Daphne Dawn Reccomends: Introducing Teddy

Introducing Teddy: A Gentle Story about Gender and Friendship by Jess Walton and Dougal McPhearson

Introducing Teddy is a story about a teddy bear’s desire to express herself as a gender different than the one her owner originally gave her. She starts with the name Thomas and a male identity.  One day the toy decides to confess to her owner/best friend that she really feels like a girl, and wants to go by the name Tilly. The bear also decides that her bow tie should be a hair bow. The boy is a true friend, loving the bear and wanting her to be happy. The boy calls a human girl to come play, and informs her that the bear will now go by “Tilly.” Again, it’s no big deal, and everyone plays together happily.

It was a bit confusing that the bear wasn’t named Teddy, as I
thought the title implied. The boy even refers to the bear as “Teddy” once. But there are too many good, “gentle” points made in this book to dismiss it for something so small. There is true love and friendship here. The bear expresses hesitation in sharing her gender feelings, fear of desertion over her true self. The boy shows his unconditional acceptance, something every child wants of those they depend on, and goes even further to support her by introducing the bear to others without pause. The girl, boy, and girl teddy play and have fun. Then at the end, the girl introduces a new friend, making their safe community even larger.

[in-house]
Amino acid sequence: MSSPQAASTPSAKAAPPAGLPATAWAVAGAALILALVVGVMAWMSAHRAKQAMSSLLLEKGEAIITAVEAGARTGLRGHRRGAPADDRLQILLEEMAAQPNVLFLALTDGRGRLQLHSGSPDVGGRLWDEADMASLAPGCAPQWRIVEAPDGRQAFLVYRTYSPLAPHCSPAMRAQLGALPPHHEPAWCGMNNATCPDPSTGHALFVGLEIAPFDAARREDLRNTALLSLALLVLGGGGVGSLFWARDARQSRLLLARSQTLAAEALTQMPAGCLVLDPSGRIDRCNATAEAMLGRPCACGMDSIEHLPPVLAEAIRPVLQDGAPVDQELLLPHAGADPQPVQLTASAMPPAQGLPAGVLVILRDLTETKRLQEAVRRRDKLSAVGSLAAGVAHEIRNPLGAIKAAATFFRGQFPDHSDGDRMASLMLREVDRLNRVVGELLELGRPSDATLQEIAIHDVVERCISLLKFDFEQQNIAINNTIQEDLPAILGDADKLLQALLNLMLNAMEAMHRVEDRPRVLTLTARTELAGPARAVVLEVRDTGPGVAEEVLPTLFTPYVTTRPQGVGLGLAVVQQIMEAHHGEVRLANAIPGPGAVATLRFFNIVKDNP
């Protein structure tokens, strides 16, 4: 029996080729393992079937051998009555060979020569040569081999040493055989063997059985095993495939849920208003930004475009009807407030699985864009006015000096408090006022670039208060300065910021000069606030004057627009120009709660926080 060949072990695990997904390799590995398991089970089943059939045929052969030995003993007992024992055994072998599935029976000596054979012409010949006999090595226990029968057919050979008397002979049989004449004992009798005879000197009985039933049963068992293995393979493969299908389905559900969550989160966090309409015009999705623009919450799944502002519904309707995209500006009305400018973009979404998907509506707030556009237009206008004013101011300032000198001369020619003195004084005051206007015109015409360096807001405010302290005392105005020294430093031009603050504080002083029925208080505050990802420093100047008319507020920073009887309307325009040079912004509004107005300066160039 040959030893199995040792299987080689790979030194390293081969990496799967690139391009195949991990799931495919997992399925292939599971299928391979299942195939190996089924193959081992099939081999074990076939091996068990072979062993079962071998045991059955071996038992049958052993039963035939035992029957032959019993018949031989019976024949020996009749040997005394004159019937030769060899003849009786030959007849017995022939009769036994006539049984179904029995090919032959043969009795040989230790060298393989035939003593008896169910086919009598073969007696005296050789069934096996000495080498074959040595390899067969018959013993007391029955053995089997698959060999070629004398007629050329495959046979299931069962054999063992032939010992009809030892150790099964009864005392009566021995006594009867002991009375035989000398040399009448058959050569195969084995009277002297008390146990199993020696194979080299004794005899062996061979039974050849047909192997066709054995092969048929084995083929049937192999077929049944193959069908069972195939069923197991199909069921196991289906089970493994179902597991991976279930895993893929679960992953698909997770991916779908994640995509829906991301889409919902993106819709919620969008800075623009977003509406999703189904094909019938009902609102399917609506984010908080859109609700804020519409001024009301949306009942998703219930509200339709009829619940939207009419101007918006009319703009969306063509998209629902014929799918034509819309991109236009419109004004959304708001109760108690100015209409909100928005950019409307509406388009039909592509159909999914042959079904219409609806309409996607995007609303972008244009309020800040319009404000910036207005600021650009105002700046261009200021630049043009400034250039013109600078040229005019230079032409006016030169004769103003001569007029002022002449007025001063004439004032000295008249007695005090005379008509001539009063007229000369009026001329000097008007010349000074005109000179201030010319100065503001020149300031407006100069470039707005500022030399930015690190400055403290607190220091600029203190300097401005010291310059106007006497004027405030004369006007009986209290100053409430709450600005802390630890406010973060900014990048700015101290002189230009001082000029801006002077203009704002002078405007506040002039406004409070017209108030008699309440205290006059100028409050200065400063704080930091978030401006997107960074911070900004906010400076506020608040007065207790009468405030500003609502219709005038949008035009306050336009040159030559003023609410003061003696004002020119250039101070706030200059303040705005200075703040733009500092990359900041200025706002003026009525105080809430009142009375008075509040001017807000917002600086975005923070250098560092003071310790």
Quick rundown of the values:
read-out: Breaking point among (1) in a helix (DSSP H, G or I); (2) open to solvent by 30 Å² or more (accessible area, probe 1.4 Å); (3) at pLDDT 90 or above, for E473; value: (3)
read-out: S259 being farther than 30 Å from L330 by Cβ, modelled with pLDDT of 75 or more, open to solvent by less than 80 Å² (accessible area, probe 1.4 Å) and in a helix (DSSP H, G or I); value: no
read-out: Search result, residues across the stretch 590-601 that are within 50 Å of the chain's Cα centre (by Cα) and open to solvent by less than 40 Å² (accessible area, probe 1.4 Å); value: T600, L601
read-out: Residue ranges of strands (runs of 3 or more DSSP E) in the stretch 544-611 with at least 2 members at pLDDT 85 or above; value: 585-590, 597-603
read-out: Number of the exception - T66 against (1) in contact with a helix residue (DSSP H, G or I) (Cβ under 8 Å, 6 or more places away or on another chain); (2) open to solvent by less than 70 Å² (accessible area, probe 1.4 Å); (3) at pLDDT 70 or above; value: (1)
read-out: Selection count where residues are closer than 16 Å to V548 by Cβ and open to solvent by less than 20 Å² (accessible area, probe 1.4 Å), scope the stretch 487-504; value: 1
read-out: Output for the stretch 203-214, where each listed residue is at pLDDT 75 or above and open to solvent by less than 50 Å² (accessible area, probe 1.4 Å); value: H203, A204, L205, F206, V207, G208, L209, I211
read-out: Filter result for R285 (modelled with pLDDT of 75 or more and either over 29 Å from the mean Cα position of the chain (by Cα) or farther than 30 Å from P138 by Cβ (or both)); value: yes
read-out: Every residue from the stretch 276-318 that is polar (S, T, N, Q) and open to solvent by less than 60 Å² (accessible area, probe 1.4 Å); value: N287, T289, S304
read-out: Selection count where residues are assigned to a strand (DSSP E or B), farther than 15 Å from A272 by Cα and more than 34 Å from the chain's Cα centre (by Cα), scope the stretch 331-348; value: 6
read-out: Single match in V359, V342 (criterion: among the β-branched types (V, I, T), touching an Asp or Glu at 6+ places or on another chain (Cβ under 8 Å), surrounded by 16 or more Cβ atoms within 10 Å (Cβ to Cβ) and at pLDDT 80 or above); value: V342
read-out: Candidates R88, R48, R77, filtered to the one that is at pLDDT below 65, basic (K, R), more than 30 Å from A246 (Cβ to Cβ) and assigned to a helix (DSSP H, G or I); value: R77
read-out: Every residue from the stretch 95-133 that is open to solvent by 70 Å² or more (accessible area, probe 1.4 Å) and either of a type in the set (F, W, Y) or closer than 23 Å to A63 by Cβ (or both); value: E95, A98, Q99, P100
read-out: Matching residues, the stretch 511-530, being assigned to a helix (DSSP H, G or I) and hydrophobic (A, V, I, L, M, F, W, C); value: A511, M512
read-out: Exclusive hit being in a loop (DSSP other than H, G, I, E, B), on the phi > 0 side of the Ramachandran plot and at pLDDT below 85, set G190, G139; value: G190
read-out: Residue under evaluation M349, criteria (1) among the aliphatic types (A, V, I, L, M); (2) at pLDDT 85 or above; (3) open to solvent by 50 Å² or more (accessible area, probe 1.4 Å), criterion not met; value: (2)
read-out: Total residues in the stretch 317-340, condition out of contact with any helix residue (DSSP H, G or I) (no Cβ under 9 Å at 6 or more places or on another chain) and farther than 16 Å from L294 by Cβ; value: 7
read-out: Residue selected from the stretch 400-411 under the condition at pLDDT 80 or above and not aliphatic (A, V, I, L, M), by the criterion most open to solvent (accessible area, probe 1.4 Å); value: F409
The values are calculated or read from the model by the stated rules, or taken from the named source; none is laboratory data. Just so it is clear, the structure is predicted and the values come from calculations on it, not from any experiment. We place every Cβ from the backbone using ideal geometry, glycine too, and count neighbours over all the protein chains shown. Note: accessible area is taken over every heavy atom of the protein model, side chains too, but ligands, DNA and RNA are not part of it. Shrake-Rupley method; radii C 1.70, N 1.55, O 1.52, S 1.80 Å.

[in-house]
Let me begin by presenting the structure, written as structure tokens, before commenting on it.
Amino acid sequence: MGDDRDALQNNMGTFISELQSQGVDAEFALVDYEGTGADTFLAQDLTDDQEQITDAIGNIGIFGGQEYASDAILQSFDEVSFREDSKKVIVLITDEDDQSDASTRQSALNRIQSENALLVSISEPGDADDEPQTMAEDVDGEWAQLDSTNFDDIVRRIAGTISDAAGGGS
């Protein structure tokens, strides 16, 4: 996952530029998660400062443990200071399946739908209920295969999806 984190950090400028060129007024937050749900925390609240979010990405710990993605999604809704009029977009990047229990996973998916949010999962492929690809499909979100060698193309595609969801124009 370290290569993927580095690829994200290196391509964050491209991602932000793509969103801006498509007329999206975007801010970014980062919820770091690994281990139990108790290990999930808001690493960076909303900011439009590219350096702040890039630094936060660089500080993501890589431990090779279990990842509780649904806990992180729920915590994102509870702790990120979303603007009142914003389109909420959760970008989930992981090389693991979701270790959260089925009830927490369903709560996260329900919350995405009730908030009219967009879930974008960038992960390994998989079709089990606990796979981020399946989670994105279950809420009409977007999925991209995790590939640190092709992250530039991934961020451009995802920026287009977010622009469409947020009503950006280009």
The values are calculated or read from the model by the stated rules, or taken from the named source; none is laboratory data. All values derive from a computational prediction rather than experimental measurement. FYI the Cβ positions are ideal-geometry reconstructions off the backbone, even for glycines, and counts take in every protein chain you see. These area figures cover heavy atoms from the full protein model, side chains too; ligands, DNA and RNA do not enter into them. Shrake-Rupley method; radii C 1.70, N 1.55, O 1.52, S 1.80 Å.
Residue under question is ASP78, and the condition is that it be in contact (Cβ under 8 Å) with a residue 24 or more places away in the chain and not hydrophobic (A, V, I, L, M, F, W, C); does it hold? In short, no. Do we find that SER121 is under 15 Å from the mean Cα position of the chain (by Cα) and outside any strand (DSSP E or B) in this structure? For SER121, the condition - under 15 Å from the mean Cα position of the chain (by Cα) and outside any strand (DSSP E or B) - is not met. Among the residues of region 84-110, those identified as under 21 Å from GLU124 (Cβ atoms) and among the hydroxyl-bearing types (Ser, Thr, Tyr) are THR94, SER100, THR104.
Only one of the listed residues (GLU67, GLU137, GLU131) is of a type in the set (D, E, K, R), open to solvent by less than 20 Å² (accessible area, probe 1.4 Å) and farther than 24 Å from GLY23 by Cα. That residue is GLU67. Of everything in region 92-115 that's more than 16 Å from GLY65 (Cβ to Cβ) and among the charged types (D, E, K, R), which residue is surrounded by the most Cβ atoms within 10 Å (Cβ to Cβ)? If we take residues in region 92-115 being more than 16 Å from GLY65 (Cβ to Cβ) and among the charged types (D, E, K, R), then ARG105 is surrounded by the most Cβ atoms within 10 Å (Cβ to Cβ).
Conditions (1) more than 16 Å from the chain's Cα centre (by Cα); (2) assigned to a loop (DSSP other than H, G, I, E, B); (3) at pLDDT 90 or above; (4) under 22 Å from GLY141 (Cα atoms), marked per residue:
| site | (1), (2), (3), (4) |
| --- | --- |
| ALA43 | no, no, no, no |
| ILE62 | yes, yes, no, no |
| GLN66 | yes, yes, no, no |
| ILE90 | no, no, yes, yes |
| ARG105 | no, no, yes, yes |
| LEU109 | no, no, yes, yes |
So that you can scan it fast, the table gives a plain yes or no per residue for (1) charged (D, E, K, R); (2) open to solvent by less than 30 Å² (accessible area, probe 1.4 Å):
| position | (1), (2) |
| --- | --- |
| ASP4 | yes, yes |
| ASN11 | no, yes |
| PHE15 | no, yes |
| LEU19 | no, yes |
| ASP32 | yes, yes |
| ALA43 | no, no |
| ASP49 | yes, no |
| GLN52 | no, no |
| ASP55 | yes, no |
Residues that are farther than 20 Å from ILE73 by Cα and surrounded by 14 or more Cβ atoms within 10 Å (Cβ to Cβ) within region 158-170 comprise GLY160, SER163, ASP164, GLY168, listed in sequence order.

The pictures are very simple and charming. My daughter and I particularly loved the picture of the boy’s minimalist “tree house” and the girl friend swinging in the park without her bow, hair flying free. I first checked this book out of our local library when a planning a visit from a transitioning friend. I knew the kids might need help understanding her journey, and decided to be proactive in bringing up the subject, rather than get an embarrassing question in front of my friend. The book is appropriate for preschoolers. My kids were kindergarten, 1st and 4th graders, so I used the book as a springboard for a short discussion. When my friend visited, the kids knew what to expect and were able to address her respectfully.

Although I strongly suggest that using the words “my teddy” instead of “Teddy” would have made more sense in the conversation, I highly suggest it for a basic understanding of the issue for the very young, or a starting place for deeper exploration with older kids. Sweet and tender-hearted.

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